[By Regina Clewlow]
Since their initial public offerings earlier this year, both Uber and Lyft have posted significant quarterly losses, leading some to question whether or not mobility services can ever be profitable. And just this week, it was also reported that Lime, one of the world’s largest shared scooter companies, will lose more than $300 million this year, on more than $420 million of gross revenue.
As a former transportation researcher who spent far too many years in academia, I know a broad network of people who have spent the majority of their lives researching, planning, and developing policy for transportation services. Within this network, I’ve had a variety of conversations with the brightest transportation minds – some who believe there is zero chance that Uber or Lyft will ever be profitable, as well as others who have joined these companies because they believe that they will fundamentally transform transportation in cities for the better, while also becoming profitable.
Is important to note that there are examples of transportation services that are profitable today, as well as examples throughout history:
- In the United States, most urban transit services before the 1950s were initially operated by private companies that were regulated by public agencies – and were profitable!
- The majority of airlines are profitable, although often with slim margins, and a history of restructuring (usually to reduce labor costs).
- Many mass transit services in Asia are actually run by private companies, a prime example being Japan’s urban metro and intercity rail systems.
What is common in the rise and fall of private transportation services is that they are linked to the decisions that public agencies make about how to regulate and subsidize them. In many ways, the profitability of private shared mobility companies lies in the hands of the public sector. The following are some of the key issues controlled by public agencies that could lead to their success or demise
1. Regulation of the number of players and total supply could improve or destroy business economics.
In some cities around the world, shared electric scooters continue to be completely unregulated, where nearly any operator can launch a service with as many vehicles as they like. In these markets, few operators have any hope of being profitable. As I understand it through conversations with cities, utilization rates barely reach 2 rides per vehicle per day, well under the 5+ rides per vehicle per day necessary to reach a state of profitability.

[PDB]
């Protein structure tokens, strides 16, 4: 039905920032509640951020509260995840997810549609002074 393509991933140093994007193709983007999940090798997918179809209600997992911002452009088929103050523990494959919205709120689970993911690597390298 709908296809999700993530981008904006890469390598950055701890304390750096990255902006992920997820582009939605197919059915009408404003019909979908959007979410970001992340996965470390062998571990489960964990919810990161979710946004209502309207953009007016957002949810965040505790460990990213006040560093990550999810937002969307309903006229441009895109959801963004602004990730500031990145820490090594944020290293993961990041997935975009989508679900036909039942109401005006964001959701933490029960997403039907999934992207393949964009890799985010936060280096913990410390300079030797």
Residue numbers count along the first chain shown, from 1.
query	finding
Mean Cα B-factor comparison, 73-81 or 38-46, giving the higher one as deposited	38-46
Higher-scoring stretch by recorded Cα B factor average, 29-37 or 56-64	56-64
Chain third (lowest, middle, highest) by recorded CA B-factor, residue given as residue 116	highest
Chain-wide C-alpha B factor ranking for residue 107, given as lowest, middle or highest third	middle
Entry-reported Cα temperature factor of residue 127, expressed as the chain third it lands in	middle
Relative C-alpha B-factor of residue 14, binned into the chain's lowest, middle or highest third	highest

On the flip side, overly constraining supply with too few vehicles for people to feel they can rely on them as a transportation option, and where operators’ fixed costs end up being too high leads to poor outcomes as well.
Smart regulation that restricts the number of operators and number of vehicles (without overly constraining supply), gives these operators a chance to achieve profitability. In fact, Lime itself is advocating for such policies in San Diego.
2. Cities could prioritize the physical space needed for mobility services to operate successfully.
Shared electric scooters arrived in large numbers in cities where there was insufficient space for riding or parking bikes, let alone scooters. In some regions, such as Arlington County, transportation planners have been proactive about carving out new parking space for shared bikes and scooters. The County has plans to also expand the space that their users have to safely ride on streets.
There are limits to growth for shared scooters and bikes, and a key factor is the portion of people who actually feel safe enough to ride these services on our city streets.
3. Public agencies could subsidize services, where it provides value.
The majority of transportation services receive some form of public subsidy. In the airline industry, public subsidies are provided to ensure that routes to smaller tier cities continue to be serviced. In mass transit, in the cases where private operators still deliver service, subsidies are available to ensure that transit services are available in traditionally underserved areas (e.g. geographically) as well as offering subsidies for lower-income riders.
In the case of scooters, which are more easily regulated than Uber or Lyft, we are seeing policies that set unfunded mandates to deliver service in lower income neighborhoods. These are well intentioned policies. Expanding mobility equity is a fundamental objective for all cities – transportation impacts one’s ability to access jobs and provide for one’s family. Two key questions that many public agencies should ask themselves are: 1) do we want these new mobility services to stick around because they could improve transportation equity in our city? If yes, 2) what are the sources of financing that could be leveraged to subsidize them to achieve certain goals, for example, ensuring that they are accessible to all?
Transportation companies that can figure out how to most effectively work with public agencies, not against them, are the ones that have the greatest chance of achieving profitability in what will always be a highly regulated sector. Even automakers would not be where they are today if federal and regional agencies hadn’t set policies and made large public investments into transportation infrastructure that resulted in large subsidies for parking, roads, and highways that these vehicles rely on.
The viability of shared mobility services is still uncertain, but if public agencies believe that these new options can and should fit into the fabric of our cities, they can be successful private enterprises as well.